This trade off of limited benefits without regard to fault against prohibiting the injured employee from recovering their full loss is known as “the workers compensation bargain.” And, nowadays, it is a good bargain for employers. When workers compensation benefits were first required by law, that was actually to the great benefit of workers. In those days (the early 20th Century), injured workers, like all injured people, could not win a tort suit if they were, even in the smallest degree, responsible for their own accident. This was known as the “contributory negligence” doctrine. “Contributory negligence” was a complete defense to a tort claim. So, if the injured person was 1% responsible for the accident, their claim was 100% barred. This was a substantial barrier to all tort claimants, but it was practically a complete bar to claims by injured workers, because almost no industrial accident occurs in which the injured employee is not responsible in at least some small way for the event. So, the “workers compensation” bargain was a good one for workers at that time, generally speaking. Employers fought against the requirement that workers compensation insurance be required as a matter of law, because the cost of the insurance was large in comparison to the amounts they would have to pay out in the very small number of instances in which injured employees would be able to recover notwithstanding the contributory negligence doctrine.
Nowadays, however, things are different. In the late-1970’s, courts all over the country began overturning the “contributory negligence” doctrine, and replacing it with the doctrine of “comparative fault”. Under the comparative fault doctrine, the fault of the injured person does not bar a claim against another person who also, through their negligence, bears some of the fault for the injury. Rather, the negligence of both parties is taken into account, and numbers reflecting fault are allocated among the parties. So, if an accident was 50% attributable to the fault of the plaintiff, and 50% attributable to the fault of the defendant, the plaintiff will still be able to recover against the defendant, although the damage award to the plaintiff will be reduced by 50%. In the context of accidents at work, this generally means that, but for the workers compensation bar, the injured employee would, in most cases, be able to recover against the employer in tort. The recovery of the worker would be reduced proportionally to their fault, but they would still recover. And the amounts would be large in many cases, because the loss for the worker would include not just medical bills and some of the lost wages but all the lost wages, the physical pain and suffering, and the emotional distress associated with the workplace accident. So, in these days of high jury verdicts in personal injury cases, the workers compensation bargain is now tilted in the employer’s favor. That employees cannot sue their employers in tort for personal injuries arising out of work place injuries is a great benefit to employers.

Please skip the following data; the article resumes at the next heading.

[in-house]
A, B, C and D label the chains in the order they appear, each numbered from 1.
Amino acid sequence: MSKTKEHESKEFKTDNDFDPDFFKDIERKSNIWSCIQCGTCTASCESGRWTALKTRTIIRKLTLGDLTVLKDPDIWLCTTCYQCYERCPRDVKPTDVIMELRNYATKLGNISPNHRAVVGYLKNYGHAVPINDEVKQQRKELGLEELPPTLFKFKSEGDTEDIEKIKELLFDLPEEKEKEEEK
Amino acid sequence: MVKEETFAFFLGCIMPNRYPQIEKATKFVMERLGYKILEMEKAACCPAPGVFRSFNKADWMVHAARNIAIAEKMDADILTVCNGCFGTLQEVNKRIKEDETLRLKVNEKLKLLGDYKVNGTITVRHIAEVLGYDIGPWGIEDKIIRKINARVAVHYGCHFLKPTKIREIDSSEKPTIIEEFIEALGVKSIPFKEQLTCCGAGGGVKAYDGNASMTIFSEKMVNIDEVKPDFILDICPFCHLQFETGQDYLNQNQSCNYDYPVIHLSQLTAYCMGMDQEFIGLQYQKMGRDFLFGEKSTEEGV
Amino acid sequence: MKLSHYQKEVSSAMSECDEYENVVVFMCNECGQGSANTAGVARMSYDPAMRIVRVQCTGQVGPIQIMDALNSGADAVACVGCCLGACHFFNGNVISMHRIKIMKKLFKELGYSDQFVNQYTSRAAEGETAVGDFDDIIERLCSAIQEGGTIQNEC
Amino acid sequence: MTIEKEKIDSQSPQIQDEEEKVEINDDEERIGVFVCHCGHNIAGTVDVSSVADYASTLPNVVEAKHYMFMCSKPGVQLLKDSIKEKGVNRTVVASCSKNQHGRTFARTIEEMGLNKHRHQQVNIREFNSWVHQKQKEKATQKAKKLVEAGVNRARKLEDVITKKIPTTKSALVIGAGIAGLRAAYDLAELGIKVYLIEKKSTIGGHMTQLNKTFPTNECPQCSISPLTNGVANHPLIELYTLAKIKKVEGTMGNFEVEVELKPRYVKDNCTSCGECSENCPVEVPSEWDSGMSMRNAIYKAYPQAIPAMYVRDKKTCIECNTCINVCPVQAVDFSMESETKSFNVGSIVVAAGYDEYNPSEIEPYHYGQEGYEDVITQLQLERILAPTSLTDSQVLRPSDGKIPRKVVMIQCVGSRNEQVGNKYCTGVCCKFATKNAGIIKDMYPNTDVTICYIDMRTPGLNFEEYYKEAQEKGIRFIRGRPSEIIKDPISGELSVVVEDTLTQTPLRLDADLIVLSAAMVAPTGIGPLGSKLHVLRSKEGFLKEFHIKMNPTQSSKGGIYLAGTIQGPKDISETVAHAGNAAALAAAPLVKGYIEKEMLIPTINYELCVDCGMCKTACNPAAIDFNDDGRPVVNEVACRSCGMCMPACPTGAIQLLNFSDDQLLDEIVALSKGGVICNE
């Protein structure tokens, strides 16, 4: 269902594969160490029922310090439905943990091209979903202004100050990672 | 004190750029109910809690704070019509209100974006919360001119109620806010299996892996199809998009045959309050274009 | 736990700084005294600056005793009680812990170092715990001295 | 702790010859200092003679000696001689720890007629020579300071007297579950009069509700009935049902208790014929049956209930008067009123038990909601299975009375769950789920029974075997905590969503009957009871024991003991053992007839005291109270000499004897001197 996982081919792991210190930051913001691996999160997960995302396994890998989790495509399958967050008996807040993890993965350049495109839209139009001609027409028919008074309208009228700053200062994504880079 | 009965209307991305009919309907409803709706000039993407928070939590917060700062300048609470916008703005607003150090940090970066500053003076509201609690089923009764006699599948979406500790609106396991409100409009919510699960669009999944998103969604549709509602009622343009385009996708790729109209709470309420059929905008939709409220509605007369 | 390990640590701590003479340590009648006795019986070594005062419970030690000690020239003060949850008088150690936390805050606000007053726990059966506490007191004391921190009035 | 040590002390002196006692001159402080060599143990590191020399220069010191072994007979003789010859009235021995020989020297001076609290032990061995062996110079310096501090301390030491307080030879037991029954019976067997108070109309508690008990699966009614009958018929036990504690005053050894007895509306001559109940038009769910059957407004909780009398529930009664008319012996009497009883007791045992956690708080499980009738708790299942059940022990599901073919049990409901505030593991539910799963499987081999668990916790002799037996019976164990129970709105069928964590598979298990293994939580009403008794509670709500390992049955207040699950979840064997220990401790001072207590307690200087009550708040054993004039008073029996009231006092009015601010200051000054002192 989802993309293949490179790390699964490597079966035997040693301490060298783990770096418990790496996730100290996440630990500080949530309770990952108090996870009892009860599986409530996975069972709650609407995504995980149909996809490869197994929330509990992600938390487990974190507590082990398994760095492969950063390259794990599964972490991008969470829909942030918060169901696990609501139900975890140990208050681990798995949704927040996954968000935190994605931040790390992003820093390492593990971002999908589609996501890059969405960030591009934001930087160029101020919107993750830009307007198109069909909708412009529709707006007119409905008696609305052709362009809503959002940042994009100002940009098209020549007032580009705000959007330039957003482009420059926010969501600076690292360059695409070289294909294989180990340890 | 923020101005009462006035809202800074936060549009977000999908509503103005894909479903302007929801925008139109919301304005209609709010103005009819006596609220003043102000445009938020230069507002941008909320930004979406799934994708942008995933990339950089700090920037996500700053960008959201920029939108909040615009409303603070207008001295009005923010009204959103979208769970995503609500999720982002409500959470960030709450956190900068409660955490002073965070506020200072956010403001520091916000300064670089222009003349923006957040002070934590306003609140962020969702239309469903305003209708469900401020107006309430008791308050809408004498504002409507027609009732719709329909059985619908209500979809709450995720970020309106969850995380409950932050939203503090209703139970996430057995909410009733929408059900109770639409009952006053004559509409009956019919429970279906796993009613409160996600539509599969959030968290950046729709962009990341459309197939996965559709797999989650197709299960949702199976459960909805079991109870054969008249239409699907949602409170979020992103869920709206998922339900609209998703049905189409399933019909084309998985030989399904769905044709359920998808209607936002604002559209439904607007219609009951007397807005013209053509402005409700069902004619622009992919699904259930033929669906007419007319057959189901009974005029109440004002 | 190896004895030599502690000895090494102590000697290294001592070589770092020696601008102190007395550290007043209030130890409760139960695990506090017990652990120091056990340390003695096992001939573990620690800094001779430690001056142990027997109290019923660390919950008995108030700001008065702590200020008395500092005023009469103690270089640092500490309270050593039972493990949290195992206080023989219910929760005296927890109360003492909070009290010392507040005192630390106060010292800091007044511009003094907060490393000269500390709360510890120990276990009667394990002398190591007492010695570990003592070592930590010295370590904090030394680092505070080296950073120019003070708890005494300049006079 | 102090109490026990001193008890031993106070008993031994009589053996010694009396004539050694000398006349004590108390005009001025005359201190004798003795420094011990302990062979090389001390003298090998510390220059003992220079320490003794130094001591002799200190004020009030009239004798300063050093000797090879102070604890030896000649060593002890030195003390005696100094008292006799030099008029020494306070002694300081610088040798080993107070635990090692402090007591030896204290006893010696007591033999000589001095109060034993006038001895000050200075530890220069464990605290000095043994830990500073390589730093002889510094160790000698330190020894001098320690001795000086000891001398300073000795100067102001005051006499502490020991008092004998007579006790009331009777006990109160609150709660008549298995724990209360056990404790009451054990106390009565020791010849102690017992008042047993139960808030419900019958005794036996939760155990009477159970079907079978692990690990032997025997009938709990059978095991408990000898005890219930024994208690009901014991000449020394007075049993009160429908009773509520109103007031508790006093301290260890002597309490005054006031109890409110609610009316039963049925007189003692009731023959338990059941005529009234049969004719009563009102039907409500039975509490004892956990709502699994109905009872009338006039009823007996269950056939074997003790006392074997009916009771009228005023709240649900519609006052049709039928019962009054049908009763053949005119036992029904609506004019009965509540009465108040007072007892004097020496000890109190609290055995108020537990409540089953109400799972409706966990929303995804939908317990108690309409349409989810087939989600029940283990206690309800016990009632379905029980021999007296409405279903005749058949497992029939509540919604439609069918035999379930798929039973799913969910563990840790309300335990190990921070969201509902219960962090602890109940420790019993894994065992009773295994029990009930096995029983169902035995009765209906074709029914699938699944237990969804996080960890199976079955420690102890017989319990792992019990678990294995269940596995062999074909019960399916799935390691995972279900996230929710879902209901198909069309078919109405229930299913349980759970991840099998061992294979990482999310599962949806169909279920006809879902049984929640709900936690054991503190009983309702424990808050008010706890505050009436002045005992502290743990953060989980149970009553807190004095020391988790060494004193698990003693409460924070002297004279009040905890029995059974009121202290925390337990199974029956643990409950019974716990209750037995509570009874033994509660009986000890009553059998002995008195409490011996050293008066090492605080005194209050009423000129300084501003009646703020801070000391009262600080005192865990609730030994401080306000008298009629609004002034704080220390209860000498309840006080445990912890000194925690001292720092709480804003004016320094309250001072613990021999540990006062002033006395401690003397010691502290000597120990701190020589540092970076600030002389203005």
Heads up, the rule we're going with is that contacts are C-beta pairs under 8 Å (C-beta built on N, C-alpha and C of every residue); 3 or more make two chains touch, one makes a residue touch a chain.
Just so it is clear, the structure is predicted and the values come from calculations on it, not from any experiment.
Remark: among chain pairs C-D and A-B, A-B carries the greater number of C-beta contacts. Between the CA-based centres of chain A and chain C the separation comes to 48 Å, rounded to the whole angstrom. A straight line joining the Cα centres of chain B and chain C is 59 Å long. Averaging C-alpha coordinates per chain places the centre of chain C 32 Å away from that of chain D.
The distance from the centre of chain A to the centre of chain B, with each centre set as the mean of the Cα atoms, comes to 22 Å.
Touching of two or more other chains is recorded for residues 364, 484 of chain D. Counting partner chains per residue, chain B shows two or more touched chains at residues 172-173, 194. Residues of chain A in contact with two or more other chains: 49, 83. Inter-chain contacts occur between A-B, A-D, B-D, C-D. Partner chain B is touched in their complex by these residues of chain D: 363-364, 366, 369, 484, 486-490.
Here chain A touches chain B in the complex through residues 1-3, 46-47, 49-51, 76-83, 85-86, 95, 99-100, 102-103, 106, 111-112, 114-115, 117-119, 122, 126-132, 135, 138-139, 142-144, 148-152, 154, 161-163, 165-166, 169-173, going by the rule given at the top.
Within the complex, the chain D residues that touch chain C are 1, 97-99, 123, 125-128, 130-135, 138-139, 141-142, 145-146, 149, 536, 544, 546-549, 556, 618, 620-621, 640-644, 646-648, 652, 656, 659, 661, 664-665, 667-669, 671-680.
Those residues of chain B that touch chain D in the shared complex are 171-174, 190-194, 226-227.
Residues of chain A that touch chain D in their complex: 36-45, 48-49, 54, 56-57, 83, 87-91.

Let us return to the subject of “mis-classification”. Again: to cut corners, employers are taking workers who were formerly employees, firing them, and re-engaging them as “independent contractors”. Doing this saves all sorts of money for the employer for things like overtime, and minimum wage, and breaks, and workers compensation insurance. But I don’t think employers have thought that last one through: if the “independent contractors” aren’t “employees”, and they are not covered by workers compensation insurance, then, when they get hurt on the job (as they inevitably will), they are going to be able to bring “third-party tort suits” against the company that used to be their employer, but which is now just a “customer”. It hasn’t happened yet, that I have seen. But I think it will. More and more. And I don’t think waivers by the “contractors” are going to be sufficient to avoid liability. And employers are going to have to re-think this whole scheme of “contracting out”.